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Carrot Sweet-Potato Soup
(recipe, Carrie Floyd)
Last year, when I made Amy Pennington's Carrot-Coconut Milk Soup soup, I liked it, but couldn't stop tinkering with it. First I added ginger and swapped out the coconut milk for "lite" coconut milk. Very good, but I wanted more carrot flavor and to bring forward the wonderful caramelized-shallot flavor, so I added more of both ingredients. Sweet potatoes, I thought, would add a luscious texture to the soup, so I included those in my next pot of soup. Then I started fooling around with the garnishes, adding a pinch of salt and a bit of orange zest (maybe lime next time?) to the yogurt, thinning it with a bit of milk to make it easy to drizzle.
An elegant first course, a nice companion to Asian-flavored noodles and green salads, and a pleasing lunch served all on its own, this is now my all-time favorite recipe for carrot soup.
- 2 Tbsp. olive oil
- 1½ cups thinly sliced shallots (2 or 3 extra-large shallots)
- 6 to 7 large carrots, peeled and cut into ½-inch coins
- 1 large sweet potato, peeled and cut into slices (about 2 cups)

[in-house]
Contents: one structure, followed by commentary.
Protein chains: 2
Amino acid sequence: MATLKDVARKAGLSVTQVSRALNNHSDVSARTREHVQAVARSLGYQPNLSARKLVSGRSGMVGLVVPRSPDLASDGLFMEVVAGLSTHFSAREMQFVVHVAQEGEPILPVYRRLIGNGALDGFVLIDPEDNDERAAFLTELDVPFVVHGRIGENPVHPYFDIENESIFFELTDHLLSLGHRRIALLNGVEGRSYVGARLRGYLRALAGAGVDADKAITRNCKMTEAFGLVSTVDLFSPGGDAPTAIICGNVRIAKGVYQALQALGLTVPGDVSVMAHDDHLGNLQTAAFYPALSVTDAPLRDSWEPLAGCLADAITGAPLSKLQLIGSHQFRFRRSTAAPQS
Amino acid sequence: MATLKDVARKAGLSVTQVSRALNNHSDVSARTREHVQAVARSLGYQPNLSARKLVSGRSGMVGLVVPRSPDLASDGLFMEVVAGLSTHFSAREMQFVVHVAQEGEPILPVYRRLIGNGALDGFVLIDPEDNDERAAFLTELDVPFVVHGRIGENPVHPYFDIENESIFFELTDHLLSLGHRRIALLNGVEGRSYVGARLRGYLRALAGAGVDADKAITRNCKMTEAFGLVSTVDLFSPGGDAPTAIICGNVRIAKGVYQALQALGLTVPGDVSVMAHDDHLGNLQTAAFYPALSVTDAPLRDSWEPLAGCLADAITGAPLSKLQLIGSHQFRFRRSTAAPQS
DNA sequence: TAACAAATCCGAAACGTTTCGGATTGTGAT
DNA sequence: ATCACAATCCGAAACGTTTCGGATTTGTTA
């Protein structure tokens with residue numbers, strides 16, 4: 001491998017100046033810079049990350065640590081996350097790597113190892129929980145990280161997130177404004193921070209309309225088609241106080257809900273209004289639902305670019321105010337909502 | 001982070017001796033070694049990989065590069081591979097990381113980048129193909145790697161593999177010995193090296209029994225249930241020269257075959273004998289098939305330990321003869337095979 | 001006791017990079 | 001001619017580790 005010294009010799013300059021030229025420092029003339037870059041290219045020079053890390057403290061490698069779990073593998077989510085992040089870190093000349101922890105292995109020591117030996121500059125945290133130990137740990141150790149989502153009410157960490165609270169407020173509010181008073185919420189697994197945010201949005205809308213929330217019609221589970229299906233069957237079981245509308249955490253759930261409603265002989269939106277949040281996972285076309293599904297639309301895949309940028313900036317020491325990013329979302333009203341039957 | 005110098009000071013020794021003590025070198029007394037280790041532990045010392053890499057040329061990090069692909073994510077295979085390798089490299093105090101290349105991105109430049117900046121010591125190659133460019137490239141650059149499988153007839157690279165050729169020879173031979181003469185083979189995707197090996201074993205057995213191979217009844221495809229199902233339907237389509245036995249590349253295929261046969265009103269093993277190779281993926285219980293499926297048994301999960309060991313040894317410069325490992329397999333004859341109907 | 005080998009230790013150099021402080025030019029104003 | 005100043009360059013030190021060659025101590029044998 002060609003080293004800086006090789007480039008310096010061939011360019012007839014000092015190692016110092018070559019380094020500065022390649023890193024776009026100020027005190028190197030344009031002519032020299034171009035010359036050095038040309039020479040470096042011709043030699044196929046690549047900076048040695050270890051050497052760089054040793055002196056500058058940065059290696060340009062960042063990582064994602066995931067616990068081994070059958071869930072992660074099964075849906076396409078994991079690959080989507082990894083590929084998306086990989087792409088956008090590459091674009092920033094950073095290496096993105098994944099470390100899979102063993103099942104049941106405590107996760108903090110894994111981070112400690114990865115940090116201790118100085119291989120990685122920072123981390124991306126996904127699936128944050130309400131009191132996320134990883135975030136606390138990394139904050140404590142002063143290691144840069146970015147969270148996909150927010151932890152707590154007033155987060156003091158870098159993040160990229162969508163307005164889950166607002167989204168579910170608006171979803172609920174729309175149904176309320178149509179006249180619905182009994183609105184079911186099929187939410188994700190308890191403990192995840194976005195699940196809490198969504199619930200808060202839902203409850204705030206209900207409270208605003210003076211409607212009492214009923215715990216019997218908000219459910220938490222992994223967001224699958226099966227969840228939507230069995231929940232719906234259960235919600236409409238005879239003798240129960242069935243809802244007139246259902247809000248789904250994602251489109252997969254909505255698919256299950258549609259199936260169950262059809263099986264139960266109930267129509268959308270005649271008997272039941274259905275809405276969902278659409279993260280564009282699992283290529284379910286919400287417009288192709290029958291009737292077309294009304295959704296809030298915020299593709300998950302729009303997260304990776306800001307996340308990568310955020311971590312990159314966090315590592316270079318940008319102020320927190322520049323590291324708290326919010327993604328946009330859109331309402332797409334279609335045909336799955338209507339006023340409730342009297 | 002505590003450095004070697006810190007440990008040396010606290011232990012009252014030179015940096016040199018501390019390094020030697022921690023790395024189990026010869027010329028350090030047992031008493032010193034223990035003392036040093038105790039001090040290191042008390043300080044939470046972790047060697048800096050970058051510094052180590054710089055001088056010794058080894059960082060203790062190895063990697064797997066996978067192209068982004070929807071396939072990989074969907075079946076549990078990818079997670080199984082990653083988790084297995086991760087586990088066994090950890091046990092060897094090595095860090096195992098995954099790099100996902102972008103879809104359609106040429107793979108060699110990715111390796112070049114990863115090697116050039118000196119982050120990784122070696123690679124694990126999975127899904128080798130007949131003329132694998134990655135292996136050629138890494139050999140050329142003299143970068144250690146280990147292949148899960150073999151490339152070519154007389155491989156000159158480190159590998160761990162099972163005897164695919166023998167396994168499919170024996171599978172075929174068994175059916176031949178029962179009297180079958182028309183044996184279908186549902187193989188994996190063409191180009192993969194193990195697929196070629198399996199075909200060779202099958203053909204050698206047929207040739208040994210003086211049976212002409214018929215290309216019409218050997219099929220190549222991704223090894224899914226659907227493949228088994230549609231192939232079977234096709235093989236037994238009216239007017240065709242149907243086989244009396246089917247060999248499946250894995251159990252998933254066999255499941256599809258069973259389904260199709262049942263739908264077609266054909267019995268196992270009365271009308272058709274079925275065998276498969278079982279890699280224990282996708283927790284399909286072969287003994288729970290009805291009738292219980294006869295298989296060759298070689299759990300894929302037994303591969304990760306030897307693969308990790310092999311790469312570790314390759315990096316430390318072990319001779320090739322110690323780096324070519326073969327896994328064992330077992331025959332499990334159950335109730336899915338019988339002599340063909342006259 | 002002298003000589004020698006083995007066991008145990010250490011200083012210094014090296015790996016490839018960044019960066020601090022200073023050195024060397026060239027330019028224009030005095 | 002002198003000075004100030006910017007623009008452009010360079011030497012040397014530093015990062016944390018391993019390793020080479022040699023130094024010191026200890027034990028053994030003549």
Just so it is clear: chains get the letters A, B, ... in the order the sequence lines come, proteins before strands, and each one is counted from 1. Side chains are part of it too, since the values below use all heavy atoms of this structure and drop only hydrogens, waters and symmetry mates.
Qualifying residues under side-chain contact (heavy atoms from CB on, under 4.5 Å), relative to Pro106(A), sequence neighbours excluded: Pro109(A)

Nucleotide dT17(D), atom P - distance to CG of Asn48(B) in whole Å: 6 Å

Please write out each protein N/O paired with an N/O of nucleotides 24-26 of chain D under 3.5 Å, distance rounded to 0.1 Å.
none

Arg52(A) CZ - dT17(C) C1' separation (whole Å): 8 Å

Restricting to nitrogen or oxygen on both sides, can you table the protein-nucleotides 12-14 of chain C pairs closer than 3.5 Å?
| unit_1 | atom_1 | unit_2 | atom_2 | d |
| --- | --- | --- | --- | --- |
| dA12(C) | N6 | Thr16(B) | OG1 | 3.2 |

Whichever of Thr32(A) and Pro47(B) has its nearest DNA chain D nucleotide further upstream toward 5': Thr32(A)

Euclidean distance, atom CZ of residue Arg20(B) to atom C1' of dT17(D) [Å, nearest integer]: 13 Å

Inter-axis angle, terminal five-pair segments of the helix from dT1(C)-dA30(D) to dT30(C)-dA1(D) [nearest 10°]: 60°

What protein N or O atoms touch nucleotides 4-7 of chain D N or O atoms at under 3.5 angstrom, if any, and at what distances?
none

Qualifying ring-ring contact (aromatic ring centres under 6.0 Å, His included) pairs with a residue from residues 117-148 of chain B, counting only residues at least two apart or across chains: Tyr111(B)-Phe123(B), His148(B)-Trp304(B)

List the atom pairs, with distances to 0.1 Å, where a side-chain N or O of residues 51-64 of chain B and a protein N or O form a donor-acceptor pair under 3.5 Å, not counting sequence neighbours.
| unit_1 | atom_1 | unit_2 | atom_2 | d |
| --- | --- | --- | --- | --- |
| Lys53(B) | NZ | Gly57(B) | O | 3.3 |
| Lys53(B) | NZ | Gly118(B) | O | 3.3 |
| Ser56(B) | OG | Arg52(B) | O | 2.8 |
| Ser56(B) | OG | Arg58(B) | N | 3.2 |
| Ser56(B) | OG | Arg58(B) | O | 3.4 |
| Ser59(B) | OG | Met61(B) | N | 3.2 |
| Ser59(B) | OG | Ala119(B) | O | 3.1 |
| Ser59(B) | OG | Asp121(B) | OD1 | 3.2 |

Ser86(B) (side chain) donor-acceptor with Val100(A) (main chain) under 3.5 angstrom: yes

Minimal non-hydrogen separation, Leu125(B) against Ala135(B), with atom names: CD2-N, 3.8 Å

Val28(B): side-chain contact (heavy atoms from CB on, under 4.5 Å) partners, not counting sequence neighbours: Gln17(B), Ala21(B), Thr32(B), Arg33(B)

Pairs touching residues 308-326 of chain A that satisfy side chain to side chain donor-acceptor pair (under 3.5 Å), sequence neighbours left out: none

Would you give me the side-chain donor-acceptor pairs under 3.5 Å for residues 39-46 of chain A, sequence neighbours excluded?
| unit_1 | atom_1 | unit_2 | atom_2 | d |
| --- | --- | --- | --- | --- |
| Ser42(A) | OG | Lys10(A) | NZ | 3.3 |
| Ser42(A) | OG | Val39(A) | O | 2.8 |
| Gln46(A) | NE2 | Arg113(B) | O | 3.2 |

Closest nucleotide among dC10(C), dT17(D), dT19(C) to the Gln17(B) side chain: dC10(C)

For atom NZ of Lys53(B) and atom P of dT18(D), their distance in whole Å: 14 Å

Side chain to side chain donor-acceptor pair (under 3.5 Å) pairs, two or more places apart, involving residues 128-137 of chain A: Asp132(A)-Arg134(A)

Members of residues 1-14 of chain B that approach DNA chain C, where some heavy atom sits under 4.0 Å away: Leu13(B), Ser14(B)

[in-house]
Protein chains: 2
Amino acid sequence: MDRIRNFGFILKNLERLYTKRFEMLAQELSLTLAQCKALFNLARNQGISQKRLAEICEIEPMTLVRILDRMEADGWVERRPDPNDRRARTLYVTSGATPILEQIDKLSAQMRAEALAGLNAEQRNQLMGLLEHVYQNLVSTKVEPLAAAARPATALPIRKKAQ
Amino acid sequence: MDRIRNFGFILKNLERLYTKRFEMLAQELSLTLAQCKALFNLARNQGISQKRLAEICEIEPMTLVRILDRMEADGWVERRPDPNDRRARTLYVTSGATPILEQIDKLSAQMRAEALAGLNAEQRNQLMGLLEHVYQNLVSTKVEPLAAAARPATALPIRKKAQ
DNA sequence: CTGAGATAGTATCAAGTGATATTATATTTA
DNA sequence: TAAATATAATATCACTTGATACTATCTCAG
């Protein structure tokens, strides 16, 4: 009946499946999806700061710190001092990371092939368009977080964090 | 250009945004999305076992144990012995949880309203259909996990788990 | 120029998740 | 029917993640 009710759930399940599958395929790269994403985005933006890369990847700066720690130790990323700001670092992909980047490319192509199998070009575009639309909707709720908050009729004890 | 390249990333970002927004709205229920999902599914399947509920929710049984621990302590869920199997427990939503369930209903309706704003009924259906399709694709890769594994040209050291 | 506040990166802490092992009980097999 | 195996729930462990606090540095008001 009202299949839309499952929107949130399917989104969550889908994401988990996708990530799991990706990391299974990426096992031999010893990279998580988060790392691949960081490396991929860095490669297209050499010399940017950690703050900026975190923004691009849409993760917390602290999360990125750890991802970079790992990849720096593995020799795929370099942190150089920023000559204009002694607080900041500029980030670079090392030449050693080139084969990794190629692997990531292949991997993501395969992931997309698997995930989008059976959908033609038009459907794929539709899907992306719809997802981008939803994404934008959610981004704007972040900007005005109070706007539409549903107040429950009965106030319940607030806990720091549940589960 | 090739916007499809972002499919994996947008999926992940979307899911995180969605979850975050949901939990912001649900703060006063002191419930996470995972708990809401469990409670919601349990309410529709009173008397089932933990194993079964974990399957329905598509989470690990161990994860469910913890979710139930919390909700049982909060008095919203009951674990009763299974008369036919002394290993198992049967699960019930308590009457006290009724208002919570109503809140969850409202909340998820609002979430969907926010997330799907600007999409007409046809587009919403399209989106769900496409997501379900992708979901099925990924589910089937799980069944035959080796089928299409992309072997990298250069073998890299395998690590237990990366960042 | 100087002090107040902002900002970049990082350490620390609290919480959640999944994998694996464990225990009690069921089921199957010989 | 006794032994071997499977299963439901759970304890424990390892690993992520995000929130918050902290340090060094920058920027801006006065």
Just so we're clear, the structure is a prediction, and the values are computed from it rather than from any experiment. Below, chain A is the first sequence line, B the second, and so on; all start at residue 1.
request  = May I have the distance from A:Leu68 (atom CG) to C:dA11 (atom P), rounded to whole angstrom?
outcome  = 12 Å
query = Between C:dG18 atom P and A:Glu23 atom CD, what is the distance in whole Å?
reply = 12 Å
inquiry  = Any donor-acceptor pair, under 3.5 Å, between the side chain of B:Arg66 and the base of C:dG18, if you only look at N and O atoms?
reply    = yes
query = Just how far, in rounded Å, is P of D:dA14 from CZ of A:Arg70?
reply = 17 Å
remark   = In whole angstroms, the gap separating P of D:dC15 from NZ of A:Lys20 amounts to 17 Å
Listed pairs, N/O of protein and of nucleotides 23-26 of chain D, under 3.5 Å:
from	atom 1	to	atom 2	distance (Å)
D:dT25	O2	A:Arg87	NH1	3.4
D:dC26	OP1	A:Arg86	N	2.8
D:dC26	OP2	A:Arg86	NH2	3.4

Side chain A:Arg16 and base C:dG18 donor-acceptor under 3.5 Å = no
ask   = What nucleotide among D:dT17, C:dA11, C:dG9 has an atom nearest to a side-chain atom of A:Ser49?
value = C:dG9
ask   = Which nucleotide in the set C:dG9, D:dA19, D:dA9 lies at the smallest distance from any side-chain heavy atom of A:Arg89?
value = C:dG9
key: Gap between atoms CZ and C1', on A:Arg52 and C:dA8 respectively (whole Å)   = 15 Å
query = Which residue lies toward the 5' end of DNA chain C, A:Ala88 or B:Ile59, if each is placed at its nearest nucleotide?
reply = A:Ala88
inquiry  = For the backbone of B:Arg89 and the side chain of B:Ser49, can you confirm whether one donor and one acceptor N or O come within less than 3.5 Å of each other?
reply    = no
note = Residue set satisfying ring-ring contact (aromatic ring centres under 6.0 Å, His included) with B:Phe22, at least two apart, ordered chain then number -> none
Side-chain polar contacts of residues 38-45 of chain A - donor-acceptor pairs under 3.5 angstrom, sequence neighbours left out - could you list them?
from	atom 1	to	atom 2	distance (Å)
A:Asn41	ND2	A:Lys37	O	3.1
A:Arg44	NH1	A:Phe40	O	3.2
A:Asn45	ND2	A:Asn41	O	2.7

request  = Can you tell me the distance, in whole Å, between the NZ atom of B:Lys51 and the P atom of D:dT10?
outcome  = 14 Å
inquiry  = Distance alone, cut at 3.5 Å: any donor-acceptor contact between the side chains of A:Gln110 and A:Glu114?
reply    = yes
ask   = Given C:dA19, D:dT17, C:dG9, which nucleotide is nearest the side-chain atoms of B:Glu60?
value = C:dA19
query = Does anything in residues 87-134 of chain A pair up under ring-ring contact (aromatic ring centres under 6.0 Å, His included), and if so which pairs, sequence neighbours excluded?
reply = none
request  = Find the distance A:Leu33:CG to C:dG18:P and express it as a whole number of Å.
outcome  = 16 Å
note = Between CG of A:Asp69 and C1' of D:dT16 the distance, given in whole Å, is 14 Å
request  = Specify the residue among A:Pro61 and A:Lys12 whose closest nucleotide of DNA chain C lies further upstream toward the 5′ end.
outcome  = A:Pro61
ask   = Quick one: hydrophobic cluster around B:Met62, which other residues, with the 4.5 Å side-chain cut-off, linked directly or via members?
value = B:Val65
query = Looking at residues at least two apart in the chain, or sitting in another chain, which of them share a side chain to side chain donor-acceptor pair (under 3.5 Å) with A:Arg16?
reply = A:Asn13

- 1 Tbsp. chopped fresh ginger
- 1 can (13½ ounces) light coconut milk
- 2 cups water or vegetable broth (I use Homemade Veggie Bouillon)
- Salt and freshly ground black pepper, to taste
- ½ cup plain yogurt
- ½ tsp. freshly grated orange zest
- Big pinch of salt
- Milk or cream, for thinning
- Make the soup: In a medium pot, heat the olive oil over medium heat. Add the sliced shallots and a pinch of salt; cook about 2 minutes, stirring often. Add the carrots and stir occasionally, letting them sit and brown a bit (the shallot will start caramelizing too), about 8 to 10 minutes. Stir in the sweet potato and ginger and cook another 5 minutes, stirring here and there.
- Add the coconut milk and vegetable broth (or water) to the pot, bring to a gentle boil, then reduce the heat. Simmer, partially covered, until the carrots and sweet potato are soft and cooked through, about 20 minutes. Turn off the heat.
- Purée with an immersion blender until completely smooth, or carefully in a blender (remember to leave several inches of headspace at the top of the blender, and cover the lid with a thick dishcloth to absorb any accidental hot splatters). Stir in more water if you want a thinner soup, and season to taste with salt. Reheat if necessary.
- Serve hot as is, or garnish with a spoonful of plain yogurt or optional seasoned yogurt (see below) and freshly ground black pepper.
- Make the garnish: Whisk together the yogurt, orange zest, and salt. Thin, if you wish, with a little milk or cream.